Was it only two years ago that property was still a miraculous money-making machine? All those bumbling halfwits on Sarah Beeny making a mint with a few B&Q light fittings and a pot of magnolia paint? It seems like a dream.
As we know, Labour's vaunted economic boom was built on a gigantic property bubble - the one that now has the ugly gash in its side and has already deflated by 20%. And we can see just how important that bubble was by looking at the official stats on Britain's wealth.
As at end-2007 (the most recent ONS data), national wealth stood at £7 trillion - around 5 times our annual GDP, or around £275,000 for every household in the land. Over the previous decade, it had increased by an astonishing 120% - ie it more than doubled. Which was nice.
But when you look more closely, it turns out that fully three-quarters of that increase came from residential property, which went up by 200%. By 2007 it comprised nearly two-thirds of our entire national wealth:
And there's no denying we acted accordingly. The construction industry boomed, as did the DIY industry. Estate agents did well, along with those suppliers of TV property porn. And as property owners we were also able to borrow extra spending money against the spiralling value of our homes.
This last effect - known as Home Equity Withdrawal (HEW) - was very powerful. Here's a chart of the Bank of England's stats on equity withdrawal as a percentage of households' post-tax income:
So in 2003, households were borrowing 7-8% of their net income against the value of their existing homes just to spend - the highest we have ever seen (the long-term average is 2.5%). In the decade to 2007 we borrowed £320bn in this way.
Now that's all fine and large, but we failed to remember a couple of key points.
First, unlike productive assets like factories, equipment, and infrastructure, or earning assets like financial investments, owning your own home generates no money income. When you borrow more against it, there is no corresponding earnings stream to service the debt. You certainly benefit from living in your home rent free, but you have to find the debt service payments out of your existing income.
Second, although you can always sell your home to pay off the debt, property transactions costs (Stamp Duty, estate agent fees etc) are high, it can be difficult to find a buyer (especially in a market downturn), and you've then got to find somewhere else to live. You don't generally have the option of selling a bit of your home, as you would with more liquid investments like unit trusts or gold bars.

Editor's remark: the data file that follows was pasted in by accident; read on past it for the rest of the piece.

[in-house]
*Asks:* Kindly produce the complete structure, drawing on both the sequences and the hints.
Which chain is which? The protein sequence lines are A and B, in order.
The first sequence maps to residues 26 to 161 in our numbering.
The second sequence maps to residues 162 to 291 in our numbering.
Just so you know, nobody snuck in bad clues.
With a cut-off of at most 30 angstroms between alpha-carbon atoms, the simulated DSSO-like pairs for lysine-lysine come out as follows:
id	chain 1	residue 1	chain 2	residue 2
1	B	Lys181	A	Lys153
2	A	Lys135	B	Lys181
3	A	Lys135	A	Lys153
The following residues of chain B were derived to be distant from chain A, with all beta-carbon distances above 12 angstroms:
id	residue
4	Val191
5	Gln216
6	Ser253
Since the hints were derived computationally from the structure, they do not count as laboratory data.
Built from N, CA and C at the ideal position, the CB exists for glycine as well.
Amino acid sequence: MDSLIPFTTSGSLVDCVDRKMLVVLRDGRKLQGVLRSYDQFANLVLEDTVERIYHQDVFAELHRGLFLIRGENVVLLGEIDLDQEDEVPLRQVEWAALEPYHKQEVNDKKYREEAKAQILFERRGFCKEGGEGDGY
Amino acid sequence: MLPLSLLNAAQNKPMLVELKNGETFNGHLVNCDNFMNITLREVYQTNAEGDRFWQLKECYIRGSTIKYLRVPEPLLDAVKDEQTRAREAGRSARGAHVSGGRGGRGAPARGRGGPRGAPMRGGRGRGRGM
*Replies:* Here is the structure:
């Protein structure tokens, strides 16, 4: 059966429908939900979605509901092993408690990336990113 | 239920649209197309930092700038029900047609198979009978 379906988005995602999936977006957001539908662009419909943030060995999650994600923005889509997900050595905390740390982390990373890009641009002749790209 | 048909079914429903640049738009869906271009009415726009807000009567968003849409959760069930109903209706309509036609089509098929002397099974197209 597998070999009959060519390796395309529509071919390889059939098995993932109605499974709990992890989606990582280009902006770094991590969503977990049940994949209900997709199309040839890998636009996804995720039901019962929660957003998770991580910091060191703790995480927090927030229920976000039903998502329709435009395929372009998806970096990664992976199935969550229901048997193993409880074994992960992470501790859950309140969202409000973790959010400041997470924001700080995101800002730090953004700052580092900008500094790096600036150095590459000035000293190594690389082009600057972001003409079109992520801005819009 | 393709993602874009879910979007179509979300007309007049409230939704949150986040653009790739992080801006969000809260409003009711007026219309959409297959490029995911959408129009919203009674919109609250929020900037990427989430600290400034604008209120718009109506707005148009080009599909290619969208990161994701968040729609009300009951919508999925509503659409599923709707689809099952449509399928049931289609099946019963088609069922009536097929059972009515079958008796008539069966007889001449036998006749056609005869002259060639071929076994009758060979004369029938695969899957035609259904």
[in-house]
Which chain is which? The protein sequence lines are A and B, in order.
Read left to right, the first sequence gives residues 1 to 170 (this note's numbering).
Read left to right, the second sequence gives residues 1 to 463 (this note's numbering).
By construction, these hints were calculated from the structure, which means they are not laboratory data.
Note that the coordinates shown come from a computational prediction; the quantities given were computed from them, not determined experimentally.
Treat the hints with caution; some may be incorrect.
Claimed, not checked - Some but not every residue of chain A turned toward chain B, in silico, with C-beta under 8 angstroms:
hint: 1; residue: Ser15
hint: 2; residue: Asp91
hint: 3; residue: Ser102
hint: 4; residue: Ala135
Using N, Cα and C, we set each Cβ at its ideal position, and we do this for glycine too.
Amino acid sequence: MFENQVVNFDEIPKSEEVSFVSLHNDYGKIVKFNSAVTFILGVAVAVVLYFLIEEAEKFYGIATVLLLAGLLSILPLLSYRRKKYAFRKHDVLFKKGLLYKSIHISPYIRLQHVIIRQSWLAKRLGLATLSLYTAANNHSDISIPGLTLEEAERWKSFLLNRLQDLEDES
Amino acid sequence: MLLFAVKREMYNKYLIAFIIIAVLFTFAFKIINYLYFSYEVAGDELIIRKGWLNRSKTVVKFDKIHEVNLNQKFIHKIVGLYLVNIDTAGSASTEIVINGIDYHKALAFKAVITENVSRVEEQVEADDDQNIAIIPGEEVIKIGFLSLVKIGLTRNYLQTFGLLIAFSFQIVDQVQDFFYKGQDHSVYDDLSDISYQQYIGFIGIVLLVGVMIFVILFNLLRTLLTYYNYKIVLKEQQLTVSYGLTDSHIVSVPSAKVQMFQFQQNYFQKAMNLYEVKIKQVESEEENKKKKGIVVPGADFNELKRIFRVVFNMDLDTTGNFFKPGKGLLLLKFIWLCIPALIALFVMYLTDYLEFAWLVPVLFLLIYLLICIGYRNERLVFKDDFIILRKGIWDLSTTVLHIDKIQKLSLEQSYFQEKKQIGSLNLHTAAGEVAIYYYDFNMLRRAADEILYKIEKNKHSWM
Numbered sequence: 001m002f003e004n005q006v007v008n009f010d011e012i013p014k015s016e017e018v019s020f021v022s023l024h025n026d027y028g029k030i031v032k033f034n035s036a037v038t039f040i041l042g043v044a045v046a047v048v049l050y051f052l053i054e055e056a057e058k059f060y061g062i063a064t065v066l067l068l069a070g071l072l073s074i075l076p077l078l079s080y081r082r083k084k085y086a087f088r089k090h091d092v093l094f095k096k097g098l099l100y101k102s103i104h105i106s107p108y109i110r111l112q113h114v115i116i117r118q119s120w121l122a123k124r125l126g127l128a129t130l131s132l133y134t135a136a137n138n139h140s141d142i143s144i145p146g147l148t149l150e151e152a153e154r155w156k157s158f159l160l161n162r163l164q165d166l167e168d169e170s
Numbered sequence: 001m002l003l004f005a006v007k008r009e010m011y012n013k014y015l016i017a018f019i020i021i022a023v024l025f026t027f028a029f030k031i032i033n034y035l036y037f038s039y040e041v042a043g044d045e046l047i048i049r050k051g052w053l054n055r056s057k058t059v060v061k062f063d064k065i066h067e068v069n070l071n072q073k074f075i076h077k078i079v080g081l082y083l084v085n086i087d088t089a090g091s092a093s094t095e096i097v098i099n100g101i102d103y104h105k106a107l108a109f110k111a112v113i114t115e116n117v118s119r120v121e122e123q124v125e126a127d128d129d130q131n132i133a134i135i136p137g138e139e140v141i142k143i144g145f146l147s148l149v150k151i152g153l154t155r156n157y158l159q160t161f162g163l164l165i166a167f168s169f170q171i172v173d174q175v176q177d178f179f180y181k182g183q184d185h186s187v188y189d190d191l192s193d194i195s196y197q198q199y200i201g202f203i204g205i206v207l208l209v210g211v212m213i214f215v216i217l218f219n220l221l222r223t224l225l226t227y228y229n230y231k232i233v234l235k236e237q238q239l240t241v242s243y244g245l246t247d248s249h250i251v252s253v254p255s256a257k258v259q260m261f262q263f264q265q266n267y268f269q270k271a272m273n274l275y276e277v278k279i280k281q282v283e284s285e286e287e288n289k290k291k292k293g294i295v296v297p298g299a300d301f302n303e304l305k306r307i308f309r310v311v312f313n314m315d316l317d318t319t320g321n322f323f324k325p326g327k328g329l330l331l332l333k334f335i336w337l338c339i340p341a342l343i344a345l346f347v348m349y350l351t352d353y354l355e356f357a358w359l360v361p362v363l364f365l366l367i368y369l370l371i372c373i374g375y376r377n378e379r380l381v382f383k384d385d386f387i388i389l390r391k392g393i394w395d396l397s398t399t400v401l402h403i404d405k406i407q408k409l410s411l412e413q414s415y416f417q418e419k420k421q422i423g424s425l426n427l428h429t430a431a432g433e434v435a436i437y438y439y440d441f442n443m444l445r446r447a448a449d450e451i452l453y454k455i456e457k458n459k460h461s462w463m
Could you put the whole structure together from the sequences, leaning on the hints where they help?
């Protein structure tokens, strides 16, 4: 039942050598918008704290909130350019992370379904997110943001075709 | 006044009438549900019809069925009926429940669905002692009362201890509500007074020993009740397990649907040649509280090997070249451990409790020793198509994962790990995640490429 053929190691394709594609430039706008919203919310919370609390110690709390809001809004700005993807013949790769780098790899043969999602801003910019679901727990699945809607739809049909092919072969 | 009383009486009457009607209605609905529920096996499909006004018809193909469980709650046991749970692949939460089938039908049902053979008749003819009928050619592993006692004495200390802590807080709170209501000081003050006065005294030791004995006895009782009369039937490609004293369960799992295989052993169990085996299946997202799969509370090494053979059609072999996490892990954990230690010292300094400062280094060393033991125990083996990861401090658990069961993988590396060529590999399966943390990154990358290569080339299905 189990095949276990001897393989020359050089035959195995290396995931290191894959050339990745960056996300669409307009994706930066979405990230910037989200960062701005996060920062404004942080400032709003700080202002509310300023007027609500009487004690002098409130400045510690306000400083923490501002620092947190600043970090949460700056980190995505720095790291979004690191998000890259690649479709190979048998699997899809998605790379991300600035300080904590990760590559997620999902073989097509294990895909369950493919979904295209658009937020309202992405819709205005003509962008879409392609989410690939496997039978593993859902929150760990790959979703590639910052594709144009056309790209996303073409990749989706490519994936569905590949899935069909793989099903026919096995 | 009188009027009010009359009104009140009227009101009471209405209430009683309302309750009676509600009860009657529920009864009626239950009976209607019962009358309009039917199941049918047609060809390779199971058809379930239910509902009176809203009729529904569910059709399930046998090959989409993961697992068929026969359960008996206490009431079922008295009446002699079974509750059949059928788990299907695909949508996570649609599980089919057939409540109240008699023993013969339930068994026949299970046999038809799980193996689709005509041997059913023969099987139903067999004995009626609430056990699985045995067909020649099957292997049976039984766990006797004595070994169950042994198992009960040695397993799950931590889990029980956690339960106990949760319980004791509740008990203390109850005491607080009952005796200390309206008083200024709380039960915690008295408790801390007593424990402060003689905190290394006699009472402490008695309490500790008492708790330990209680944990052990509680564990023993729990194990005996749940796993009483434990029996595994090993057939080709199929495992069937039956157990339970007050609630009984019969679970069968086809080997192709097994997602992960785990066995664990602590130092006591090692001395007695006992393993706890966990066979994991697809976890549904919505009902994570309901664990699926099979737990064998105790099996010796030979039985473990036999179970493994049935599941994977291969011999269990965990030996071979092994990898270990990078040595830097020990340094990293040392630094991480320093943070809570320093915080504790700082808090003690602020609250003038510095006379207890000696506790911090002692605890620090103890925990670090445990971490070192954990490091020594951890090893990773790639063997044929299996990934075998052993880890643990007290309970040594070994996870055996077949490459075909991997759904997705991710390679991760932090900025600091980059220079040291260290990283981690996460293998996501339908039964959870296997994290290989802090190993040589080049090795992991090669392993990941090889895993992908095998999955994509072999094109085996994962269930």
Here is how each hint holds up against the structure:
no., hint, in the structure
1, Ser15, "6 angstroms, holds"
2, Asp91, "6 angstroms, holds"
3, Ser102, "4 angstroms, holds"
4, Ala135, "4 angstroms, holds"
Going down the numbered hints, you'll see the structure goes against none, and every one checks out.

And now that our wonderful money-machine has gone into reverse, we've also remembered something else - our homes are only ever worth what someone else will pay for them. And once prices reach levels where many new buyers are effectively priced out of the market, there's ultimately nothing supporting our housing "wealth" but thin air.
Tyler's fag packet says that the 20% fall in property prices we've already seen has wiped out getting on for £1 trillion of our national "wealth". We could easily see another £1 trillion disappear - all of it making us feel poorer and spend less.
True, the acceleration in inflation next year may push money prices back up again. But in real terms, go-go house prices and feelgood wealth will be a distant memory. No wonder Sarah B has moved into the lurve business.
PS So can Cam mend our broken economy? Murdoch's Wall Street Journal is somewhat less than optimistic: "Many Conservatives fear Mr. Cameron will become prime minister, only to be quickly exposed as a poll-driven "heir to Blair" who treads water a few years and then loses. What every American should understand is that this is not a test of "modern conservatism." It's a test only of whether an opposition that voices no coherent ideology can succeed when the ruling party stumbles." How the world changes. I well recall studying comparative political institutions 40 years ago, and learning that US party politics had no place for ideological differences. Our system was reckoned to be far superior, offering voters a proper choice (yes, I know - Heath vs Wislon - but since they were both Oxford men, they were superior by definition).